BECKLEY, W.Va. — It’s been more than a century since the last native elk was killed in West Virginia around 1875, and other than a private hunt club reintroduction of elk in the 1920s in Pocahontas County, the large cervids have not been seen in large numbers in the state since.
The West Virginia Division of Natural Resources is conducting a series of meetings to gauge public interest in having elk returned to the state on large, privately held tracts of land in southern West Virginia. One of those meetings was Thursday night at Chief Logan State Park, where the DNR’s Wildlife Resources Section chief described the attendance and response of the crowd as outstanding.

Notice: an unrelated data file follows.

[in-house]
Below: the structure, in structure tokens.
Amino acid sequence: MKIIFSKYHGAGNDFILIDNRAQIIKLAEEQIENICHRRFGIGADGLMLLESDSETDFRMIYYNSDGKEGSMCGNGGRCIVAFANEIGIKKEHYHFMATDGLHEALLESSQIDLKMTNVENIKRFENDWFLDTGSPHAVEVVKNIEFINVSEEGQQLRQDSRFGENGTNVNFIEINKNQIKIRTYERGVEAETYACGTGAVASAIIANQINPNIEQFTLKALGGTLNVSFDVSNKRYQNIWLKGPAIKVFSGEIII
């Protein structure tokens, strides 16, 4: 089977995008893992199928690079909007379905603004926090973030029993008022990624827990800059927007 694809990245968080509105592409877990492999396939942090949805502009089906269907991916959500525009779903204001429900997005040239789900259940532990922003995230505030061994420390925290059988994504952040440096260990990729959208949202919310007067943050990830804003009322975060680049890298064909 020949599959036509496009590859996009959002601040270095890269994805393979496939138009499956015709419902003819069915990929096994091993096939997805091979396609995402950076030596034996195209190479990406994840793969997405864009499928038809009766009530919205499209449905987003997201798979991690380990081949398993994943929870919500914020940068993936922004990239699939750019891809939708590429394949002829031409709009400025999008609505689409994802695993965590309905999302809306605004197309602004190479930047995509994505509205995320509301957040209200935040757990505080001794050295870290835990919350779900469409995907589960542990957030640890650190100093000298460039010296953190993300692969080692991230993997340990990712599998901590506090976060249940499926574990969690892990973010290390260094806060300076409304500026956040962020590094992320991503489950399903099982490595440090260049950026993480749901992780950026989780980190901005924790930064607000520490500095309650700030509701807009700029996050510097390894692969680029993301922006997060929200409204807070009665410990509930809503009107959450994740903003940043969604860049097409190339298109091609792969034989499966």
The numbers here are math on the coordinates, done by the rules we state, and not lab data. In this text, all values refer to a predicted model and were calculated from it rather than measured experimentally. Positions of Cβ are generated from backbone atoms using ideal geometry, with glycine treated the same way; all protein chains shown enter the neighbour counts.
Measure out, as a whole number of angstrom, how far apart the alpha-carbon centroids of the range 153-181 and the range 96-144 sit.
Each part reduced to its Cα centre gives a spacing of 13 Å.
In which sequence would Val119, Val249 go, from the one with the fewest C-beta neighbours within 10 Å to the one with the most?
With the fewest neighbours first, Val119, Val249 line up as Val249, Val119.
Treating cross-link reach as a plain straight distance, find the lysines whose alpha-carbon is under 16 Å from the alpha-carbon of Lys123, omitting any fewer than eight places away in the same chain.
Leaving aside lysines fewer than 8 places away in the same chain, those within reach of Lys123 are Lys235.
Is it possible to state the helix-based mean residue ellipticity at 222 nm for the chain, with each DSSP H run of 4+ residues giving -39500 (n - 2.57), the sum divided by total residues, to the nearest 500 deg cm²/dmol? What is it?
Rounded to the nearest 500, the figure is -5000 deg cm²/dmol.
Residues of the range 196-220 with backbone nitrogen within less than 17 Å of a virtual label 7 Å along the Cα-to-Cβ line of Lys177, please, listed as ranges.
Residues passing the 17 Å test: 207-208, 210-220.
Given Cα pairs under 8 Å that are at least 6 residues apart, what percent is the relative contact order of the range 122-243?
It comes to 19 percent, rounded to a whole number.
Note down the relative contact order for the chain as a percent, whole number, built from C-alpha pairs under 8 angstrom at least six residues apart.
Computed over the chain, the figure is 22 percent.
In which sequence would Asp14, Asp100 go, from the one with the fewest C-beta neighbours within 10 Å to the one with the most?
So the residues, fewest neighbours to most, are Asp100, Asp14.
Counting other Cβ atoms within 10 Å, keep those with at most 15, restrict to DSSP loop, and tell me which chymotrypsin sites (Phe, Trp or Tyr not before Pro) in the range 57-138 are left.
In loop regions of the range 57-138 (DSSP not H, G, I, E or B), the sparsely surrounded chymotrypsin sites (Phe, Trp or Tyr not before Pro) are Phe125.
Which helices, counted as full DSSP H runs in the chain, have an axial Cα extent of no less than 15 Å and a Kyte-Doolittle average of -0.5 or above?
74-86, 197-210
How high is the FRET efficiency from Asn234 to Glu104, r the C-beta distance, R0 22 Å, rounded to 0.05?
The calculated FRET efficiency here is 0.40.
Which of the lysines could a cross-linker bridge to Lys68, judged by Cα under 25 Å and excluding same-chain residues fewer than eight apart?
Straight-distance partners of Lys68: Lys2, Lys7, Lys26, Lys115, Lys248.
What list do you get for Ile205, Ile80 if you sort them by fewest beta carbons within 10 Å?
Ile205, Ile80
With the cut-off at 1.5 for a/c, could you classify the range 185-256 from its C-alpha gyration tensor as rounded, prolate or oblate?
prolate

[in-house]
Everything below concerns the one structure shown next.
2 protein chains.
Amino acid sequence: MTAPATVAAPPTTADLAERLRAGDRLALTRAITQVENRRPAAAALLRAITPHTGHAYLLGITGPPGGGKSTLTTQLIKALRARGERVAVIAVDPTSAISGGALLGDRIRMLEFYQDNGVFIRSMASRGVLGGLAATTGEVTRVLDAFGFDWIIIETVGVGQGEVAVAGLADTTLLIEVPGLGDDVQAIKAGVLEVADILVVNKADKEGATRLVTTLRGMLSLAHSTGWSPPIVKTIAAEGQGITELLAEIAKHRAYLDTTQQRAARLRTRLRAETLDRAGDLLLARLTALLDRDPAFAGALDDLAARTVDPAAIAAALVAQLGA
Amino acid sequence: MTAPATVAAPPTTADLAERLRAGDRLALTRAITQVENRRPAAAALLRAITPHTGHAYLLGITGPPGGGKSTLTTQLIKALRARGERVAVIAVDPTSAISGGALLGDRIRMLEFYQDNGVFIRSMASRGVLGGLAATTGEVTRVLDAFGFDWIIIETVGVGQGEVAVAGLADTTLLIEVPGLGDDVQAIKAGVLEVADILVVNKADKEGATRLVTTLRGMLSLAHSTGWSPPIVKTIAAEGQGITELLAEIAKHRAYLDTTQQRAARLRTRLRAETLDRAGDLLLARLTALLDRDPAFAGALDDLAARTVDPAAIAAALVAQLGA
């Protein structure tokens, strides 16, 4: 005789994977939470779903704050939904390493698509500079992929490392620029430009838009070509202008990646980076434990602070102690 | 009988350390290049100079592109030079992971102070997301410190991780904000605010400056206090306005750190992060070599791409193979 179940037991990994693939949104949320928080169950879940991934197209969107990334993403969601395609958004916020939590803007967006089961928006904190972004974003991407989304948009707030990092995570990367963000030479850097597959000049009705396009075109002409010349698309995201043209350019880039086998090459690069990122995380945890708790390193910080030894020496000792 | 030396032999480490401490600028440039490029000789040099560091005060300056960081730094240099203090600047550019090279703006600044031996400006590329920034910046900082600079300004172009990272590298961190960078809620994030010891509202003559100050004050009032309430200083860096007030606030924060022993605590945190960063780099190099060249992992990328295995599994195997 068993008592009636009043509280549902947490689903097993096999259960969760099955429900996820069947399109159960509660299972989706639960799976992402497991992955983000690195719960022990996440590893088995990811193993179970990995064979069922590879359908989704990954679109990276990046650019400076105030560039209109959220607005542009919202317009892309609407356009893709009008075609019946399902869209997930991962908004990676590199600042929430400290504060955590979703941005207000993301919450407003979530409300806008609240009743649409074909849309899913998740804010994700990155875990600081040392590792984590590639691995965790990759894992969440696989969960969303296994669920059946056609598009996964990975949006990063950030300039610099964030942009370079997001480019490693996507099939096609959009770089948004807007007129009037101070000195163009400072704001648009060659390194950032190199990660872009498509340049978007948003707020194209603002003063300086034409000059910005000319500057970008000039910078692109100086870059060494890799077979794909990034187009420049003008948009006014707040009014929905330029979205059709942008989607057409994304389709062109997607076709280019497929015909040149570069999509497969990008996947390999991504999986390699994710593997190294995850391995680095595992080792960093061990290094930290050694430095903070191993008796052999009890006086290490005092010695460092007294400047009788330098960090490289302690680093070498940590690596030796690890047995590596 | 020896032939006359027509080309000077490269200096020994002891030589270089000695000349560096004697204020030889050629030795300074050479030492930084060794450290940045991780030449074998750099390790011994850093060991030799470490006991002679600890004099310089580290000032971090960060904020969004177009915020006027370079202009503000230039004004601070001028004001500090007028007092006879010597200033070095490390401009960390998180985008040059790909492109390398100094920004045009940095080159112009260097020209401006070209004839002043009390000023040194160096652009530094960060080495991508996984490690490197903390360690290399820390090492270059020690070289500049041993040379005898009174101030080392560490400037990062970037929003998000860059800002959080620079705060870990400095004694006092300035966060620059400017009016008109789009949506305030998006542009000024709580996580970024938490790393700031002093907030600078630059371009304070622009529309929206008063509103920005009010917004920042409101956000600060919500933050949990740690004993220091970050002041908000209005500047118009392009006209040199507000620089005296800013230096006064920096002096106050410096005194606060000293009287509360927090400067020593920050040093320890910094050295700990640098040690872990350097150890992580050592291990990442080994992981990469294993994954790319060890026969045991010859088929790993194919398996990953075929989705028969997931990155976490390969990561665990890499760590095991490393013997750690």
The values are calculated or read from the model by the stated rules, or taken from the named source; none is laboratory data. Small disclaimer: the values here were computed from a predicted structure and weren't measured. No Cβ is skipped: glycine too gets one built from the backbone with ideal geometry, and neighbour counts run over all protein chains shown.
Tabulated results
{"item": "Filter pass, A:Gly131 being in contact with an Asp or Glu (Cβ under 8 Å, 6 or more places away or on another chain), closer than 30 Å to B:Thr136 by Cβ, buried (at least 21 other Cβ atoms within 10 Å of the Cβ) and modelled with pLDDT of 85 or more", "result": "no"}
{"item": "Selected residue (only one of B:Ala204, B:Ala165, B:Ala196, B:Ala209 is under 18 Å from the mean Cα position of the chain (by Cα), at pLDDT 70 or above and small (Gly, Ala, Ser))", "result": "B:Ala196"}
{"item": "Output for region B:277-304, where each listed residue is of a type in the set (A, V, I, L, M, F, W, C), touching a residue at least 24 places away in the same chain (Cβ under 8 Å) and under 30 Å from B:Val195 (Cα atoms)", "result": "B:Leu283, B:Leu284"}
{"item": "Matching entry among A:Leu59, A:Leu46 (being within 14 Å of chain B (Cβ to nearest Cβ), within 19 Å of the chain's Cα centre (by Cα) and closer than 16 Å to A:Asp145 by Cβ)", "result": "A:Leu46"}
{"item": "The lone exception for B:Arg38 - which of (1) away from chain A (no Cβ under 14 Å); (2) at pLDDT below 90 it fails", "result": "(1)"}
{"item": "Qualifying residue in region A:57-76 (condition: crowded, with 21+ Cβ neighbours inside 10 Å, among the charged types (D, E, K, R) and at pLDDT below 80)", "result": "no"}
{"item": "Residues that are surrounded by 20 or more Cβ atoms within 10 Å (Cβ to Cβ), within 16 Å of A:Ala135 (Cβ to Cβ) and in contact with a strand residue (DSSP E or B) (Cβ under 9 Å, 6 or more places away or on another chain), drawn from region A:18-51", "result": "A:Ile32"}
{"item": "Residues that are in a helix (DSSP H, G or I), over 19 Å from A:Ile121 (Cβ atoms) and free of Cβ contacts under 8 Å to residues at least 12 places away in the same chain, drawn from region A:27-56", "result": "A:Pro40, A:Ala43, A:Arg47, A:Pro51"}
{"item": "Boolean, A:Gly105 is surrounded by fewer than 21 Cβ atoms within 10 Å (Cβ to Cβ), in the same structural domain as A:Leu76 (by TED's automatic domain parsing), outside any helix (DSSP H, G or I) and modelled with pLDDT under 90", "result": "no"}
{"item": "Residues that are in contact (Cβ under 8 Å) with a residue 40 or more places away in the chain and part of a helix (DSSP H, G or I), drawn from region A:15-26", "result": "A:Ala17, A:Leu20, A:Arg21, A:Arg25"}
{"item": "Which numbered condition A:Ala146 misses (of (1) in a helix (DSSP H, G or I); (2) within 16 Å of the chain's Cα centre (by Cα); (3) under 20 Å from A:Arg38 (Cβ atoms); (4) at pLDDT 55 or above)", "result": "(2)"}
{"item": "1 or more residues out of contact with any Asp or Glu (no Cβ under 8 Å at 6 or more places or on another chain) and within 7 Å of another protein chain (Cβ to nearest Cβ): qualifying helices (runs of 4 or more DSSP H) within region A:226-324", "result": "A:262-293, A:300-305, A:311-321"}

Curtis Taylor told The Register-Herald Friday that roughly 175 people showed up and were overwhelmingly in favor of reintroducing elk to the region. Taylor said 15 counties were represented in the crowd.
“We want to hold meetings where the largest group of people will be impacted,” Taylor said, noting that the next meeting will be in Justice on the Mingo-Wyoming county border. “These are not going to be captive elk.”
Taylor said he could not define the amount of land that would be necessary for the elk herd to roam, nor can he put a number on the elk to be reintroduced. He said the animals need a large amount of land because they can roam up to 20 miles a day…